Playing in a hospital

Posted In: Amateur Harpists

  • Participant
    unknown-user on #163430

    I would like to play my harp in a hospital, but I’m still a beginner
    harpist. How do I begin looking for easy pieces to learn? All the songs
    I know are very short. I make Greensleeves longer by playing the melody
    first, then again with the bass notes. I play it fast and slow, up an
    octave or down an octave. This style of play doesn’t work with most of
    my songs, however. Is there a book anyone can recommend? I’m slow to
    read music, but I memorize quickly once I have the fingering down.

    Thanks!

    Participant
    unknown-user on #163431

    Hi Candace

    I played in a hospital for a lady and I guess it went off well. Whenever I played there was a group of nurses and other patients outside the room asking me to keep going. The lady said she enjoyed it too. Now she was in palliative care and I found the best thing for her, was simple hymns, folk songs (Ash Grove, Carrick Fergus, Greensleeves as you mention, and such songs). As a general rule, people on serious amounts of pain killers, and older patients

    Participant
    unknown-user on #163432

    Please excuse the redundancy in the phrase ” older patients

    Participant
    unknown-user on #163433

    Hi Candace.

    I would strongly recommend taking a course in musicianship at the bedside, as there is much more to playing in a hospital than you may realize.

    Participant
    unknown-user on #163434

    I have played in a hospital, in a NICU ward and a cancer ward.

    Participant
    Fairy Reel on #163435

    I play piano for some church serivices in nursing homes, so I’m largely drawing on that experience here. The group loves old favorites–I recomend learning “Amazing Grace” and “Jesus Loves Me”. Try asking your church for a hymnal. They’ll probably give you an old one, but that’s not a problem. I have quite a collection of hymnals myself, and draw on them often. “I want to walk as a child of the Light” is another nice hymn.

    Classic Celtic is good, too. “Cockles and Mussels”, “Tis the Last Rose of Summer”, and, even though I can’t stand the song myself, “Danny Boy” is a great favorite of many. Though the death connetation may limit it’s hospital usibility.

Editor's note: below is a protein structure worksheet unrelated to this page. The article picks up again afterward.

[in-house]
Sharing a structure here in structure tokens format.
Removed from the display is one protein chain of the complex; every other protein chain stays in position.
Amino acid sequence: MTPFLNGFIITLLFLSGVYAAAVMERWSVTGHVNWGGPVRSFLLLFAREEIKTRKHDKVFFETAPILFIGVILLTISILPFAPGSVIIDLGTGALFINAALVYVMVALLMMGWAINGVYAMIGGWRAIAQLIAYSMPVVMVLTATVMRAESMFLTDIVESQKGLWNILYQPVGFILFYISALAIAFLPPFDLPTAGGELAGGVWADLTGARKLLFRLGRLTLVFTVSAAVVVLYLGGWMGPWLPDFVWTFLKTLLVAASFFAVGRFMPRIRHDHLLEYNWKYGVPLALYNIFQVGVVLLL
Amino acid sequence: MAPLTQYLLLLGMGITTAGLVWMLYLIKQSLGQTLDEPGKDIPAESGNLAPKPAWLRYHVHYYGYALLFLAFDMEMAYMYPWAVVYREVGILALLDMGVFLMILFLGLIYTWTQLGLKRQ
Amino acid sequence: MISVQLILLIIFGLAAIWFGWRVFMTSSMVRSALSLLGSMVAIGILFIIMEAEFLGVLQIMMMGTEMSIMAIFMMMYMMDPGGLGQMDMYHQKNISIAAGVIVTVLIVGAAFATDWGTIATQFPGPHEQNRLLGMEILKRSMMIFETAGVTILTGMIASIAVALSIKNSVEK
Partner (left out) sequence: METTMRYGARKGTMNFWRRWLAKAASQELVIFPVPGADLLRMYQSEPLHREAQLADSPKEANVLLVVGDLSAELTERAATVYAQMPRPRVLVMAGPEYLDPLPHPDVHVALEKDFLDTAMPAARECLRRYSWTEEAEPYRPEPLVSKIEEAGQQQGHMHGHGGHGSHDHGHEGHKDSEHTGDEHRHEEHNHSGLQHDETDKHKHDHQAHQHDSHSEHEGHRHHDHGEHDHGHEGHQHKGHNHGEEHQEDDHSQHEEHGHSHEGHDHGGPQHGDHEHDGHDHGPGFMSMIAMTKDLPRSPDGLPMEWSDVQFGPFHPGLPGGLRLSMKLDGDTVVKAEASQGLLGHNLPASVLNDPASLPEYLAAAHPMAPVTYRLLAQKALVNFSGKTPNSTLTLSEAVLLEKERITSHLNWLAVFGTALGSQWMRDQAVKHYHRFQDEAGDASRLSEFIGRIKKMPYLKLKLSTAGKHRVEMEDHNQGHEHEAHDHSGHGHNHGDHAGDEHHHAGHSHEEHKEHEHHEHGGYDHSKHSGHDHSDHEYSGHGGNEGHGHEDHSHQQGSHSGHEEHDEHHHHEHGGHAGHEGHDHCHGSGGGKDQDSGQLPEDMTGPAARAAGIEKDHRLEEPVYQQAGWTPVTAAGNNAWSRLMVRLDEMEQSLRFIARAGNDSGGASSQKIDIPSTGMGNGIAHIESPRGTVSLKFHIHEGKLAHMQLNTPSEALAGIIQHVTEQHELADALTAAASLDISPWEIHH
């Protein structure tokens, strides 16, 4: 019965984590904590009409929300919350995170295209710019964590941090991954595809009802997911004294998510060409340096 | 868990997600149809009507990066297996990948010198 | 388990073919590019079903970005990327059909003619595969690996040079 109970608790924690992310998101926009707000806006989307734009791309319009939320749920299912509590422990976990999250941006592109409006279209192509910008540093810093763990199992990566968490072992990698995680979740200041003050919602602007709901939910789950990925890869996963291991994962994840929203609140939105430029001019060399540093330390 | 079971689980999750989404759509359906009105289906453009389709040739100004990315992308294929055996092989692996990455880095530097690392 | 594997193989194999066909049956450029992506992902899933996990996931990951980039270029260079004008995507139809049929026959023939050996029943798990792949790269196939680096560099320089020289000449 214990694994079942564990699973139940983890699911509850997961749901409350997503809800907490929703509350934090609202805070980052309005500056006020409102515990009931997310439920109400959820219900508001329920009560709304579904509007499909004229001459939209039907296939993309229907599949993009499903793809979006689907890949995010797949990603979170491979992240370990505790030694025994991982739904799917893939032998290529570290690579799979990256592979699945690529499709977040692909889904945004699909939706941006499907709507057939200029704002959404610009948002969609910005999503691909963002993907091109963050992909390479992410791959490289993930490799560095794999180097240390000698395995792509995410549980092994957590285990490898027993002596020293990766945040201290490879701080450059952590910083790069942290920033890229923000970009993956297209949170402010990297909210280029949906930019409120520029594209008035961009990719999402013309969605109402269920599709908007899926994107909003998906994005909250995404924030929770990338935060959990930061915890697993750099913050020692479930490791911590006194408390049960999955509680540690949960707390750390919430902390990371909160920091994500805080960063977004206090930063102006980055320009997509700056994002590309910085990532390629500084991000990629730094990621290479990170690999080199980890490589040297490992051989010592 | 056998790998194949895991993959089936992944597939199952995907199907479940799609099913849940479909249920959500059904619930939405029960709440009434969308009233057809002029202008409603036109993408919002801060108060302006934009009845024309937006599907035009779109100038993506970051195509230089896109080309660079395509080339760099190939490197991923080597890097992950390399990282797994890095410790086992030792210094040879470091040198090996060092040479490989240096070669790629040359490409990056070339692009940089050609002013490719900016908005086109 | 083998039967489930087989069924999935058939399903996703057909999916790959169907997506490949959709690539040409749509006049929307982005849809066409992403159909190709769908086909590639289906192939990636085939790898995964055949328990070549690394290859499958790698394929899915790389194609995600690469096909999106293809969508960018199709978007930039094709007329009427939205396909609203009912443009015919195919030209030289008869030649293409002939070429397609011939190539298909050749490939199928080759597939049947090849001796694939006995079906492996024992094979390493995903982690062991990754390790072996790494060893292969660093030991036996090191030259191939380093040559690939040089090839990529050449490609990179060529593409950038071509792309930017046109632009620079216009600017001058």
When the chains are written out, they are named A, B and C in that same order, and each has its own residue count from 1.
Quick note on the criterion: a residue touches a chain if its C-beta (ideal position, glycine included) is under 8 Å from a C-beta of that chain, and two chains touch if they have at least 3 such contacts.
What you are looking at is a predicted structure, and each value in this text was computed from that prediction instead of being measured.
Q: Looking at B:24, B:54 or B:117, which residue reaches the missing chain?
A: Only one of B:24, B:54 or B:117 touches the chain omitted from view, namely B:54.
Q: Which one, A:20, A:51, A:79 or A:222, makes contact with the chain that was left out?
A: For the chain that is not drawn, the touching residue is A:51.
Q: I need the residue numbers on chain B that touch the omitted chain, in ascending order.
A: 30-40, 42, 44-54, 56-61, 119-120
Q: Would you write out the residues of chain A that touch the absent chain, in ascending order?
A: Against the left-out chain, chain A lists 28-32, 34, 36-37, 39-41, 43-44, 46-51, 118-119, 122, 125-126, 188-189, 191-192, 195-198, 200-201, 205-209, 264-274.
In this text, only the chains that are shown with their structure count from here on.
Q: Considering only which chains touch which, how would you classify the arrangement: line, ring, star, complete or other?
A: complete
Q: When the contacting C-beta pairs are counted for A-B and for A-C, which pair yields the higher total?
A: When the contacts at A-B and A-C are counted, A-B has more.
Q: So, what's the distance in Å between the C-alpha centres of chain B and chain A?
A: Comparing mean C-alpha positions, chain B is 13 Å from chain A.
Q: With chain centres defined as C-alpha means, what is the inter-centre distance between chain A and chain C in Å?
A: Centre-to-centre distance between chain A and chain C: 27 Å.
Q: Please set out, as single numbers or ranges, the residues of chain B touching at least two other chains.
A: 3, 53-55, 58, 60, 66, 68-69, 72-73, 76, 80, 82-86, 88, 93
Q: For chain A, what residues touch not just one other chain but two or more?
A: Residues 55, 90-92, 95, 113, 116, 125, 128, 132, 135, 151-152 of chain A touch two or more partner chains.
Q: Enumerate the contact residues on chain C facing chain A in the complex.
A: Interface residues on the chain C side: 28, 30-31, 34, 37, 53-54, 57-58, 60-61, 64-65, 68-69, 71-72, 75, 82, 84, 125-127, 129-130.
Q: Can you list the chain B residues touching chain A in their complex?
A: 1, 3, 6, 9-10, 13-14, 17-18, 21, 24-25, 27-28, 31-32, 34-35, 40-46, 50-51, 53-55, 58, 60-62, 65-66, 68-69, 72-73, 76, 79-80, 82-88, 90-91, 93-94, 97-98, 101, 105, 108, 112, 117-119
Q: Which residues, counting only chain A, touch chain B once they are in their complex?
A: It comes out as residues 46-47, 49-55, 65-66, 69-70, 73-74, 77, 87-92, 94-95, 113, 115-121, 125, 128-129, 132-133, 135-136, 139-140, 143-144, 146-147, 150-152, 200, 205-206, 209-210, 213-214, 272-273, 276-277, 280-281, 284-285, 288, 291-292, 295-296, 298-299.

Also, you could do medleys (I’m still thinking hymns, here). Pick two or three short songs in the same key and play them together. Also some books offer alternate harmonies or descants with the melody, and sometimes I’ll play those as a verse.

    Do chordwork. Nothing like a smoothly rolling arpeggio to make someone smile.

    Congratulations on starting hospital work. I wish you well.

    Another way you can ‘shake up’ the songs are by changing the key on the last verse (if it’s practical).

    Participant
    barbara-brundage on #163436

    Bear in mind that to be in a hospital is to be ill, not necessarily old (more often than not, not old).

    Personally, it would have given me the pip if someone came in and started playing hymns at me when I was in the hospital–I would have wondered if there were something they weren’t telling me! 🙂

    Participant
    Leigh Griffith on #163437

    Not only that, but NOT everyone is Christian! I would never play a hymn
    unless asked specifically to do so. Anything else is presumptive and
    rude as well as ignorant.
    Leigh

    Participant
    Fairy Reel on #163438

    As I repeat, I was drawing on MY experiences, offering advice from MY perspective. I wouldn’t play anything without first checking with the patient. I would also never presume to ‘play at’ someone, either. A therapy harpist is not there for themselves, but for others, no matter what venue.

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